Te Puea Hèrangi, A Māori Princess
Te Puea Hèrangi was born the granddaughter of the second Māori King, Tawhiao, in 1883.
Te Puea is recognised as having been a famous and influential leader for Māori, with many great achievements throughout her life. One of the most notable occasions where she was a rallying point for Māori people was during World War I, when she objected to conscription. Te Puea made her farm available to those escaping conscription – it was raided by police four times and nearly 200 people were arrested. WWI was a difficult time in New Zealand’s history – many people questioned the country’s involvement and the conscription of New Zealand men for a war so far away as to not pose a direct threat to the country, and it must be remembered that most Māori did not have the English heritage that European New Zealanders did. In the end, when considering the population of each Allied nation at the time, only England’s contribution of ‘eligible manpower’ was higher, and New Zealand became yet another country changed irrevocably by the War.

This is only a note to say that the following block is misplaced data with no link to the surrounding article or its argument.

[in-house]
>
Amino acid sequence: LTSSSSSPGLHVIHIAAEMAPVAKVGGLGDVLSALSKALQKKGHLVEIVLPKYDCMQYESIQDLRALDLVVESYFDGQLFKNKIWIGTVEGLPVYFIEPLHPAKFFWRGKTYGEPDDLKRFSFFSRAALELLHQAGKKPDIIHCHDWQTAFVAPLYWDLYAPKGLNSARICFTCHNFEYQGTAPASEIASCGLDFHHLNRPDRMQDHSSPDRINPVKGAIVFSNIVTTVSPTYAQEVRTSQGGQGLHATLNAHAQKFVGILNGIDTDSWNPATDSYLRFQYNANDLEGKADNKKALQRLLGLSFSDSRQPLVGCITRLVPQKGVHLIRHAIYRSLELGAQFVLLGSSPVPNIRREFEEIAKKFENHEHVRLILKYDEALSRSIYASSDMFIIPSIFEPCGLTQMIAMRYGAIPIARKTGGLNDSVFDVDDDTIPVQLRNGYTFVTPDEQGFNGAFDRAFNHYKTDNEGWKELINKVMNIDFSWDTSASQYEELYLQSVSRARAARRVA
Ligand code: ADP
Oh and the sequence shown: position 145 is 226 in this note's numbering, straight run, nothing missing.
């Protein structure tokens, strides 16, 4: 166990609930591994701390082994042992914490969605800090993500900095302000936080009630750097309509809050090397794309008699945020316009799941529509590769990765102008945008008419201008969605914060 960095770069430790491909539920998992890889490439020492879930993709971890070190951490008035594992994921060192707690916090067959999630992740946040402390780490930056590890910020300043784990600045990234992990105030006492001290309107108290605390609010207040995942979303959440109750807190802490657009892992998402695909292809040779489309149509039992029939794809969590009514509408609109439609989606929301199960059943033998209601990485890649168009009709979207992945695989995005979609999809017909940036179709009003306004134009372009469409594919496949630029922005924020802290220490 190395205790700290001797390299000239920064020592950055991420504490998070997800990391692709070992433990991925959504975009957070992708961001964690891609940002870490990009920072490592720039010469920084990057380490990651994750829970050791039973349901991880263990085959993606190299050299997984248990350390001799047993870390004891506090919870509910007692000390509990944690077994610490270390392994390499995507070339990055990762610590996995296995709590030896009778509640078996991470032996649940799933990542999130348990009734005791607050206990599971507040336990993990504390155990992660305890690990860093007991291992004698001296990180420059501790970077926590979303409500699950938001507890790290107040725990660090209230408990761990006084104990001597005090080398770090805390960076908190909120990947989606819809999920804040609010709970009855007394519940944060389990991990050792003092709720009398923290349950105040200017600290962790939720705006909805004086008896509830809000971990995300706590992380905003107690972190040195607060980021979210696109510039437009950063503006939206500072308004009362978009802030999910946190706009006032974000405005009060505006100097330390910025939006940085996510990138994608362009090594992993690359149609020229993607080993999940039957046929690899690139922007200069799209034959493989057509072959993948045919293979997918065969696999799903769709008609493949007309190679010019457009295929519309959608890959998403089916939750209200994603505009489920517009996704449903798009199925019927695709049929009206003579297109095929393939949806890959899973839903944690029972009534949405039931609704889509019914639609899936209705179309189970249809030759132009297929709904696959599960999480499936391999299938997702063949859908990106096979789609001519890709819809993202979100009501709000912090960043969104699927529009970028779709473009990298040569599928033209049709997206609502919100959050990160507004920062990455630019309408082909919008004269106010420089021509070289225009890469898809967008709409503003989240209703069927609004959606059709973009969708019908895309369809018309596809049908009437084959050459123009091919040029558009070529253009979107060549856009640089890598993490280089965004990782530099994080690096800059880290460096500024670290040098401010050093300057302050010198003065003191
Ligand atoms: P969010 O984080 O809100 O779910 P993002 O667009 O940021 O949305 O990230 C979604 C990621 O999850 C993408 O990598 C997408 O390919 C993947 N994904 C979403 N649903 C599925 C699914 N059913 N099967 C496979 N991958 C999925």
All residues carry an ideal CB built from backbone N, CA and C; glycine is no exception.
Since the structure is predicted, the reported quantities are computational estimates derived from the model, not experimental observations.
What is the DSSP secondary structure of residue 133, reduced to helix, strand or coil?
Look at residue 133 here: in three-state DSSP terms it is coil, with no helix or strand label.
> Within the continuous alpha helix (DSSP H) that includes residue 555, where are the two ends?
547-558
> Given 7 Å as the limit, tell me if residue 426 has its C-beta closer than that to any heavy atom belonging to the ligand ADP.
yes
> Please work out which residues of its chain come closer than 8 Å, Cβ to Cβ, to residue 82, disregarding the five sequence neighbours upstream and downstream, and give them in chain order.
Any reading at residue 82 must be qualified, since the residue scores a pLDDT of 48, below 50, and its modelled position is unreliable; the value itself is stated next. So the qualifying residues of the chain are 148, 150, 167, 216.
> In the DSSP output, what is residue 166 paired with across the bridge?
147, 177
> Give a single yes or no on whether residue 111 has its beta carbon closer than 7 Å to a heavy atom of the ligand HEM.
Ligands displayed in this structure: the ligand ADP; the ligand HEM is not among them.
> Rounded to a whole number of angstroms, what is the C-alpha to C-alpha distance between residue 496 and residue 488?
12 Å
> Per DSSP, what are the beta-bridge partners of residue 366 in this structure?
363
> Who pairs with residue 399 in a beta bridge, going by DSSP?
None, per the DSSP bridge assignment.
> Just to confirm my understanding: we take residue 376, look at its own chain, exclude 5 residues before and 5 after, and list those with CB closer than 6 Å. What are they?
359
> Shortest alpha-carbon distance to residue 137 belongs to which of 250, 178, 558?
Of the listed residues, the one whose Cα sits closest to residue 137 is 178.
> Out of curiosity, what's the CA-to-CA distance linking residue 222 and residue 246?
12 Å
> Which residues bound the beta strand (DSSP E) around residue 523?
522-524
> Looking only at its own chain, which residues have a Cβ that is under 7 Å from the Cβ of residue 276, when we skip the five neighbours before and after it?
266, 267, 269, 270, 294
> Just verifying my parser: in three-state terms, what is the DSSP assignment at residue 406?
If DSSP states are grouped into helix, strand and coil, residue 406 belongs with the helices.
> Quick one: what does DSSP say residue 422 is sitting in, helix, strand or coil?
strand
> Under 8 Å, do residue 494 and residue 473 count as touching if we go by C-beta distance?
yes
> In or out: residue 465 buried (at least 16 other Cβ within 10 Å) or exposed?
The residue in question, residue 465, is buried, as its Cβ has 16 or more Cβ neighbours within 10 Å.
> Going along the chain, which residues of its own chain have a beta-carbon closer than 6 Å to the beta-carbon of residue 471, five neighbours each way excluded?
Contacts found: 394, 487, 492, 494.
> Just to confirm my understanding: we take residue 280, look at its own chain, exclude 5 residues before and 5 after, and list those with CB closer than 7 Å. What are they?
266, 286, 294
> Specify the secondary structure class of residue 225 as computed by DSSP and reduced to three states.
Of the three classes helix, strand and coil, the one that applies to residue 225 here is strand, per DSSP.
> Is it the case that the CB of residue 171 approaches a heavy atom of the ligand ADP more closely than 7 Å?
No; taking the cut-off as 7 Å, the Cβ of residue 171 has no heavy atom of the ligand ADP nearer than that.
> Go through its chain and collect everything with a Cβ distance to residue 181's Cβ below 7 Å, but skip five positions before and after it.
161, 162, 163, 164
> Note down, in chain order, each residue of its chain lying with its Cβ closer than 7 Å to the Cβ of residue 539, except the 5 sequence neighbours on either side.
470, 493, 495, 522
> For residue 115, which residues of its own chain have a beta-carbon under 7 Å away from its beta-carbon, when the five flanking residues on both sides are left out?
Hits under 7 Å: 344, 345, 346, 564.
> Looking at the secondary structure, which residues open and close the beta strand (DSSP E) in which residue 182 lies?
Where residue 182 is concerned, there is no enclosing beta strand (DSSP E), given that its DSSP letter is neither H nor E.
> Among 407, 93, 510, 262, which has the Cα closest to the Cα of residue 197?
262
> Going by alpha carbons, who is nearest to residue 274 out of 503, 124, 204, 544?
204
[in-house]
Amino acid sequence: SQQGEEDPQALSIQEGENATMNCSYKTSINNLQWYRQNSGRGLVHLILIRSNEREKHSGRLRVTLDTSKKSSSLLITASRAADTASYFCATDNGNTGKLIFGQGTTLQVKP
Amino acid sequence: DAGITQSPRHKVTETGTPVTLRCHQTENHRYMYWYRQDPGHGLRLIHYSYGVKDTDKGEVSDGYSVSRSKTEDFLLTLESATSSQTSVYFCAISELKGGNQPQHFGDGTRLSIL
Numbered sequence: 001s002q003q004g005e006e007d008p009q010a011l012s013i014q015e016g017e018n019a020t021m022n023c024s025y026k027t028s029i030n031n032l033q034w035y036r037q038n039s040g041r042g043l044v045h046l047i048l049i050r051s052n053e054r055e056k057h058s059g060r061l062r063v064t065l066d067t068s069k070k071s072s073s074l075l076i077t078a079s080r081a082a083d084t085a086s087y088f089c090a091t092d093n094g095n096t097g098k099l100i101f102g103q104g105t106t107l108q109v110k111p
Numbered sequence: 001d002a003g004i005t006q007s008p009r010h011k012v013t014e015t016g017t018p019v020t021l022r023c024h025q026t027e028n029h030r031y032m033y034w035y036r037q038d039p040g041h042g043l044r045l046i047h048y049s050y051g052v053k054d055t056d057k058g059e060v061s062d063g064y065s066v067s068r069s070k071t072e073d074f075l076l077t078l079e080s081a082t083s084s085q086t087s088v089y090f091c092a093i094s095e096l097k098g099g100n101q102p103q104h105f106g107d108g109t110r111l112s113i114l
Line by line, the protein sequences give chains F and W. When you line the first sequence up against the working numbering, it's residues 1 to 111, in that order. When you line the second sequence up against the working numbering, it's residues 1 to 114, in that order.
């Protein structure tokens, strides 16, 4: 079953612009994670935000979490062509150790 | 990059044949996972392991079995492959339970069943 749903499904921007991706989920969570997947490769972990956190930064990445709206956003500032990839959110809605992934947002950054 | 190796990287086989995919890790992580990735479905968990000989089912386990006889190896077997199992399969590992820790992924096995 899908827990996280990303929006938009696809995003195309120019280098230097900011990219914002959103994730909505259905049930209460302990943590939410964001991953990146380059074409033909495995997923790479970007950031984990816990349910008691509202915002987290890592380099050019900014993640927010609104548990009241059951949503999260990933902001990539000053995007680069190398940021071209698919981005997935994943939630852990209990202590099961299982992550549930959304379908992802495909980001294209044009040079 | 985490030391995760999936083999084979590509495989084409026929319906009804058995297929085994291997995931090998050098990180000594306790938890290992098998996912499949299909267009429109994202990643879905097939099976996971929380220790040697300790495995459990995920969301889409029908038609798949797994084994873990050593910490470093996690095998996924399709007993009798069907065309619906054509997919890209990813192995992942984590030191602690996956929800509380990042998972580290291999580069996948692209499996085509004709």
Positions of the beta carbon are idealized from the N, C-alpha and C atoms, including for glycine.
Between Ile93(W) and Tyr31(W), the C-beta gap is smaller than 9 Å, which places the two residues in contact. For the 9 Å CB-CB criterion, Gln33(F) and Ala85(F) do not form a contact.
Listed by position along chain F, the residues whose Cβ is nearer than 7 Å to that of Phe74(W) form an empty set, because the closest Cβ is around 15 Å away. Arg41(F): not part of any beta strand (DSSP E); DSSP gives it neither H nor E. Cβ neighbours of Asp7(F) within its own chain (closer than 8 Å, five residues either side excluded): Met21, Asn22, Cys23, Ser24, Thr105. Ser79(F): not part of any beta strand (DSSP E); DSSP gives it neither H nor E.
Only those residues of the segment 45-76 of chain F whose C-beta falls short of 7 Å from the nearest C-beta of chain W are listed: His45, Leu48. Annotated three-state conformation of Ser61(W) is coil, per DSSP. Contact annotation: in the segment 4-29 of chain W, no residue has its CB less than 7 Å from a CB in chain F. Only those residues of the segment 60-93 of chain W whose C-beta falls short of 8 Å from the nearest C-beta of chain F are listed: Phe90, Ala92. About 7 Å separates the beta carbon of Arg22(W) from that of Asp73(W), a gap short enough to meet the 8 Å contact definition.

Te Puea has also been gratefully acknowledged for her large contribution for the revival and popularising of Māori performing arts. Amongst her efforts Te Puea raised funds for the building of Turangawaewae Marae (which has become a marae of national importance), by organising concerts.
Princess Te Puea Hèrangi has been credited as being the person who brought the Māori monarchy to significance to New Zealand as a country, from its beginnings in the Waikato. She died after a long illness on 12 October 1952.
For more information about Māori royals, see this thread.Filed under Historical Royals, New Zealand
Tagged Biography, Māori, Te Puea Hèrangi.